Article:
I finally got ahead of the development curve on the two software packages I am supposed to deliver on 17 July, and decided that it was a good day to finally get some rest and finish my little lady.
Since my last post, I had to give her 3 weeks to cure before I could flip her back upright. Once back on the trailer, I got in with some Worst Marine textured deck paint in off white and twice coated all the cockpit surfaces save for the actual footwells, which were never textured to begin with, and I wanted to ba able to clean the floors of any dirt, soda, beer, food, etc. depending on who is with me that day. The end result is even more classy than I had originally envisioned. The off white complements the blue pearl really nicely and ties the deck rails in with the cream waterline stripes and bottom. The deck coating is actually really nice to apply, as it rolls out with a textured wool roller, and appears to be self levelling. The end result is a nice even texture (I was really concerned about applying this coating after my little fiasco with the primers and such before). My fears nullified as soon as the second coat went down and I saw that the pumice evened out very nicely and the paint covered well. Note to self.... Calculate square footage for paint and then double it before calculating paint requirements. I did a very thorough calculation on the interior and decks, and then calculated for two coats based on the manufacturer's instructions and that turned out to only cover once. Apparently the wool roller I was using puts down a heavier coat than the foam rollers I think they were probably considering. Oh well, at least it was off-the-shelf and was a fast trip to pick up another quart. The net result is a very durable, very safe and very nice looking completion to my little restoration job. Even when new, this Sailnetics FJ NEVER looked this good.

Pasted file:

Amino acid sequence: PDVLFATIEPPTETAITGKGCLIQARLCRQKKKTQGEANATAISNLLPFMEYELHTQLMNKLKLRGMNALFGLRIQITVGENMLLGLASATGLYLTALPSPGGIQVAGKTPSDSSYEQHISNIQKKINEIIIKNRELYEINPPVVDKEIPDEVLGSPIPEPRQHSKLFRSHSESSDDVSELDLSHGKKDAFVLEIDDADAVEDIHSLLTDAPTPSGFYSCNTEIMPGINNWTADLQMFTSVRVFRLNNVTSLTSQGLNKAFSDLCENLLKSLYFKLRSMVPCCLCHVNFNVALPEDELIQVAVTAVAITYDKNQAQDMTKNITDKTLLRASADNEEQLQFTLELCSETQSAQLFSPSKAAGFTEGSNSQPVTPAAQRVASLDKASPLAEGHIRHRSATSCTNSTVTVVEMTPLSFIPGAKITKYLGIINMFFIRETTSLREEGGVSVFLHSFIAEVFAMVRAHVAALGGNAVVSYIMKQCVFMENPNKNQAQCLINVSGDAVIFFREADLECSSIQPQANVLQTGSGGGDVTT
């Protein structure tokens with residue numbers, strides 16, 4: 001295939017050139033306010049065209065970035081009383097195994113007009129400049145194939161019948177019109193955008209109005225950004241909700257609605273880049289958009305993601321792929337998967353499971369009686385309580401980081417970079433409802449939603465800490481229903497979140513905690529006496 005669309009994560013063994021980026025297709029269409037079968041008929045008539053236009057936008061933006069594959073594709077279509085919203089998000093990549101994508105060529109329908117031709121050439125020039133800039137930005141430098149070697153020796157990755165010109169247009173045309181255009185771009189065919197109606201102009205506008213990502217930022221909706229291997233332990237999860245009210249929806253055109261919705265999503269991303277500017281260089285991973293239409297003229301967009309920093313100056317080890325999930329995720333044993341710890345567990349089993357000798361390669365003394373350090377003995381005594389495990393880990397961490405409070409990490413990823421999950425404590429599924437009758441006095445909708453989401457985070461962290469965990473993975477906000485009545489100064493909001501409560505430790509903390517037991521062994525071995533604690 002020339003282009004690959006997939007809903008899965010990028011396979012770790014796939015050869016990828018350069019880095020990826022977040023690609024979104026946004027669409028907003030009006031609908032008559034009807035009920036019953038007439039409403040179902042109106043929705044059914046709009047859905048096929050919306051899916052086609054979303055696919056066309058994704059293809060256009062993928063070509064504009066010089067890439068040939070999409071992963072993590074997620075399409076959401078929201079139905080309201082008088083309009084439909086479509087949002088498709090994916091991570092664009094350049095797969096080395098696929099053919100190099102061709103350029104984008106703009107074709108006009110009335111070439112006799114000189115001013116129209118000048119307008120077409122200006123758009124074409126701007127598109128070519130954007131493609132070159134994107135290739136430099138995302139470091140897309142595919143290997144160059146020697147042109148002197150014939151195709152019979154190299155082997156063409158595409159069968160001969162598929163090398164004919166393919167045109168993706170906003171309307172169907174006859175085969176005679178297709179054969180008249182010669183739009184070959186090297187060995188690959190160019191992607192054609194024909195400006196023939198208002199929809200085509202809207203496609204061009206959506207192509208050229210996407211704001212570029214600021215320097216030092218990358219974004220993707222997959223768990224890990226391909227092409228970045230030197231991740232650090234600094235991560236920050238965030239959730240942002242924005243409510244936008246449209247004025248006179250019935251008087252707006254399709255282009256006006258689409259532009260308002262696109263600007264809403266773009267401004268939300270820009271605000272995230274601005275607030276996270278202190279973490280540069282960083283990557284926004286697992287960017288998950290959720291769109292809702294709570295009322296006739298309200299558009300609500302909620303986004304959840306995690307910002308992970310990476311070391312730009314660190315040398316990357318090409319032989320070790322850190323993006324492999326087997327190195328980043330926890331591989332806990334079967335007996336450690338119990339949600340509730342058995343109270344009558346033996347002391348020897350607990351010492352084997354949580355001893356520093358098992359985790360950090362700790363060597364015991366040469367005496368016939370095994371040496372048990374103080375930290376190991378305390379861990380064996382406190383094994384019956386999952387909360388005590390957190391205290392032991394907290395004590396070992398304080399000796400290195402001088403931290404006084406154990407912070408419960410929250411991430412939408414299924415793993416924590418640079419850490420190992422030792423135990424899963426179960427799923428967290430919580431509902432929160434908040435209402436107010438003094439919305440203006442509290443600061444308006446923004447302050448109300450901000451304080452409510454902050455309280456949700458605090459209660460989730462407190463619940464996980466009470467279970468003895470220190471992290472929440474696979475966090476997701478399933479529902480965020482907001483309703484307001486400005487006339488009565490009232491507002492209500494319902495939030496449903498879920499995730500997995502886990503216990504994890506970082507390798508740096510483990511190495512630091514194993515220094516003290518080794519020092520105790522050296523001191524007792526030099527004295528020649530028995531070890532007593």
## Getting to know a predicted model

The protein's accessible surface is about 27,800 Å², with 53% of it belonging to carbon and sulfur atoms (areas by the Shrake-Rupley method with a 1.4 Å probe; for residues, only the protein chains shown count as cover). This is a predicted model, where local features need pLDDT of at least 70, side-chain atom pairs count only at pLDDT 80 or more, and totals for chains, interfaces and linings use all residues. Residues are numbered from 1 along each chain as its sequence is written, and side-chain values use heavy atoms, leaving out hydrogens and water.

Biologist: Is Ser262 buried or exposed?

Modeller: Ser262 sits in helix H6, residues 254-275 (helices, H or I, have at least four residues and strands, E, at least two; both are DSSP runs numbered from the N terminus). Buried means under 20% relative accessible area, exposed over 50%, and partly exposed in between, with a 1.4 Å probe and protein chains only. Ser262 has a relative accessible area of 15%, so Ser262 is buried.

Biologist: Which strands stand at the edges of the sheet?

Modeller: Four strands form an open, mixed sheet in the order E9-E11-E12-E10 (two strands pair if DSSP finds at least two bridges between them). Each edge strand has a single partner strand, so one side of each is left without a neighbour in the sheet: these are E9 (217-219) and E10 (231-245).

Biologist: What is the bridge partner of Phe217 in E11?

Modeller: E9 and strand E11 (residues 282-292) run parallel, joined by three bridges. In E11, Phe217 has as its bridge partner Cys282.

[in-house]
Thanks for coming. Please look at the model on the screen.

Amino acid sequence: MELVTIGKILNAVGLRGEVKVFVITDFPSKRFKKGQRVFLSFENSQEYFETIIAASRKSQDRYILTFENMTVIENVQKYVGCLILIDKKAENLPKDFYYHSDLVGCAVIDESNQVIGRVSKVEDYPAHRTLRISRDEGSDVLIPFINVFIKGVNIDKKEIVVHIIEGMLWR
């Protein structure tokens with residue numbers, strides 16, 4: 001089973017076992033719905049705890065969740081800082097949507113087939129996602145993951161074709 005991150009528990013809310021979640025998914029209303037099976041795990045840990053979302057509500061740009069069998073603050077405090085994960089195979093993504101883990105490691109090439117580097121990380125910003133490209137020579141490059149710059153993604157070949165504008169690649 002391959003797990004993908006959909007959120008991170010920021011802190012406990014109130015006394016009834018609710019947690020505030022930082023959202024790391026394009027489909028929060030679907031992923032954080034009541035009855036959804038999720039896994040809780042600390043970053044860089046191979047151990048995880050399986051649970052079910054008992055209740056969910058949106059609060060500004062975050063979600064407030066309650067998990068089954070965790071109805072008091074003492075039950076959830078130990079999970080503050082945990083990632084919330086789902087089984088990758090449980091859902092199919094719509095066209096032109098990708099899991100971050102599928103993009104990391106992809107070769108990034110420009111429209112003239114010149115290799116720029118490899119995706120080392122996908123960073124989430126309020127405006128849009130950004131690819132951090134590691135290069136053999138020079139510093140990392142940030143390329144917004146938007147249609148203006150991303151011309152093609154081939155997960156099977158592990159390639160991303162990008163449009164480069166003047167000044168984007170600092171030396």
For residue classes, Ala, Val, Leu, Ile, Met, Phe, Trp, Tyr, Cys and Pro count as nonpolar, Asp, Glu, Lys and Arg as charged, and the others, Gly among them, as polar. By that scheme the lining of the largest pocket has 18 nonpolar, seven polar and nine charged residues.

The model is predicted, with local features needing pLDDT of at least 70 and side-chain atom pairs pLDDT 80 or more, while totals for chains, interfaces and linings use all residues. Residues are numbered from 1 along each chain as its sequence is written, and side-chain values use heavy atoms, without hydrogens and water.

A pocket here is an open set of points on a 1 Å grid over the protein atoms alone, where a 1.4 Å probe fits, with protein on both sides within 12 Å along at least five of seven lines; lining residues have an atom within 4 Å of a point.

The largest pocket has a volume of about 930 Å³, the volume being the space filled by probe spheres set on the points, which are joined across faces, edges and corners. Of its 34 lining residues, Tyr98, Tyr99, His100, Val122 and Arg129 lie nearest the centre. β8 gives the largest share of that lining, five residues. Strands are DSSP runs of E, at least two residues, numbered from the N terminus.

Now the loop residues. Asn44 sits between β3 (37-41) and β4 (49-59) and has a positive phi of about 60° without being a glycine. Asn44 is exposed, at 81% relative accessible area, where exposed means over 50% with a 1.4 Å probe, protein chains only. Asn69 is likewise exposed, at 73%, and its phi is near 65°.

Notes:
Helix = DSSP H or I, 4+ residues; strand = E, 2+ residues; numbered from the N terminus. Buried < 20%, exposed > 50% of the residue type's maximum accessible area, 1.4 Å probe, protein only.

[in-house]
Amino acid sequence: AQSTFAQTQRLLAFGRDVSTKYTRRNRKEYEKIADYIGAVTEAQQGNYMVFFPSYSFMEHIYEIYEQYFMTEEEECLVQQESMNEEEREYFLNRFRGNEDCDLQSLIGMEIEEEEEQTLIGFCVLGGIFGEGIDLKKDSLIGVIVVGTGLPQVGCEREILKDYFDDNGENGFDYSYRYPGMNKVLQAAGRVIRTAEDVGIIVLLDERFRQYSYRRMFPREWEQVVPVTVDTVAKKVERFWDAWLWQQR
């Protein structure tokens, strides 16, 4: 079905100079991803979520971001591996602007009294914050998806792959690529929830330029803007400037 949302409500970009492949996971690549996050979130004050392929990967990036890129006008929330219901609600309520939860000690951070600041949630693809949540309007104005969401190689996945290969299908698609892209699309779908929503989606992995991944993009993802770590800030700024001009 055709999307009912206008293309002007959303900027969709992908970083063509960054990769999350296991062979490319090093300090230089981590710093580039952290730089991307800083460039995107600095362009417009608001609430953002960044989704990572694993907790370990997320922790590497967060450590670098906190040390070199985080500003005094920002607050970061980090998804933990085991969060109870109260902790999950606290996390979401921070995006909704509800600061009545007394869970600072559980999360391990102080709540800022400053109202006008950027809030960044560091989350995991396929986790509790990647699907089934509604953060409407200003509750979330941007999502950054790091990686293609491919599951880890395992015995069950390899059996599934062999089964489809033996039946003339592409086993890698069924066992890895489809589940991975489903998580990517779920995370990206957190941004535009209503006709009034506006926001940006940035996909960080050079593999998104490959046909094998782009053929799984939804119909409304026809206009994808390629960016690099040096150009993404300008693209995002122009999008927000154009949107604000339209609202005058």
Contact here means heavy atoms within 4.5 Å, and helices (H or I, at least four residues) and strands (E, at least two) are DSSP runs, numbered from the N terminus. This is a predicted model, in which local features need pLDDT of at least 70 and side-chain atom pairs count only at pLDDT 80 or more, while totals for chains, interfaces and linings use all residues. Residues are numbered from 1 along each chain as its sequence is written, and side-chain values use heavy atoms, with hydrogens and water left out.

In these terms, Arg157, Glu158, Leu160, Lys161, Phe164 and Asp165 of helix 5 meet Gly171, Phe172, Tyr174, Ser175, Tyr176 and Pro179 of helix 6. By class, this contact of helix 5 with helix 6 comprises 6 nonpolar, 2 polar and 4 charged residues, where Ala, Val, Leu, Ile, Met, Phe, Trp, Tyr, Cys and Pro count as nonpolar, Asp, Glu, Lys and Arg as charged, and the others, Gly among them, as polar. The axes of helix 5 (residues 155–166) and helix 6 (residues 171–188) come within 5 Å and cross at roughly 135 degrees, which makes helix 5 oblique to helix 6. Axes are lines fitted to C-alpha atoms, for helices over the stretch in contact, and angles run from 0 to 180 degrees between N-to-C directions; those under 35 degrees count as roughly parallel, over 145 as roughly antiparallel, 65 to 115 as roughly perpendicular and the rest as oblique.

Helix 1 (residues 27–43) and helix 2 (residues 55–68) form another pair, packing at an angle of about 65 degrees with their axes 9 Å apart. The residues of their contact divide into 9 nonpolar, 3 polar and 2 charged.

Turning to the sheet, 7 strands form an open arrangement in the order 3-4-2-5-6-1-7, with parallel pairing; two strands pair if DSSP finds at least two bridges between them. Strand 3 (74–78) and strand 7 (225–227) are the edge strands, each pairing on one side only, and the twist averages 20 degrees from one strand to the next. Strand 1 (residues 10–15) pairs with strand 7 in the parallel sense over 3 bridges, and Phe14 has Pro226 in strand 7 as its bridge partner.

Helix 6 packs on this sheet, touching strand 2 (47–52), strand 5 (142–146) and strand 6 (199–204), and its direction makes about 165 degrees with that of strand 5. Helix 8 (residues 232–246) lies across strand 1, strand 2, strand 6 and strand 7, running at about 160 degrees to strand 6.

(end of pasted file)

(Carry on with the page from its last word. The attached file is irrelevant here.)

The rigging effort was actually spread out over two weekends (albeit over a month apart), but I finally got in and finished it up today. A month ago, I got in and ran all the 1/4 inch poly. This included the jib cunningham, the hiking strap shrouds, the boom vang, the main cunningham, the centerboard control, and the traveller. Interestingly enough, the boat came with a lot of very high end hardware. I know that Sailnetics had a reputation for shipping their boats with all Ronstan or Harken rigging depending on customer choice. Somewhere along the lines, the boat has been completely re-rigged with all original hardware (good stuff) upgraded with all the best Harken ratcheting blocks, Ronstan self-guiding cam-cleats, and a very high end (for a dinghy) reciprocating ball traveller and compund block with tailing cam-cleat. All of this made me start adding up all the replacement const for all these race-rig parts and the final number was up around half of the replacement cost of the boat new from H&H Sailcraft in Ohio (the only certified FJ builder in the US). Needless to say, when I found out that the traveller needed some attention (all the balls in the traveller had eroded and were pitted) it was a no brainer to go ahead and rebuild with new parts. Needless to say, the balance of the rigging hardware is in like-new condition so all I ended up replacing was the poly stock.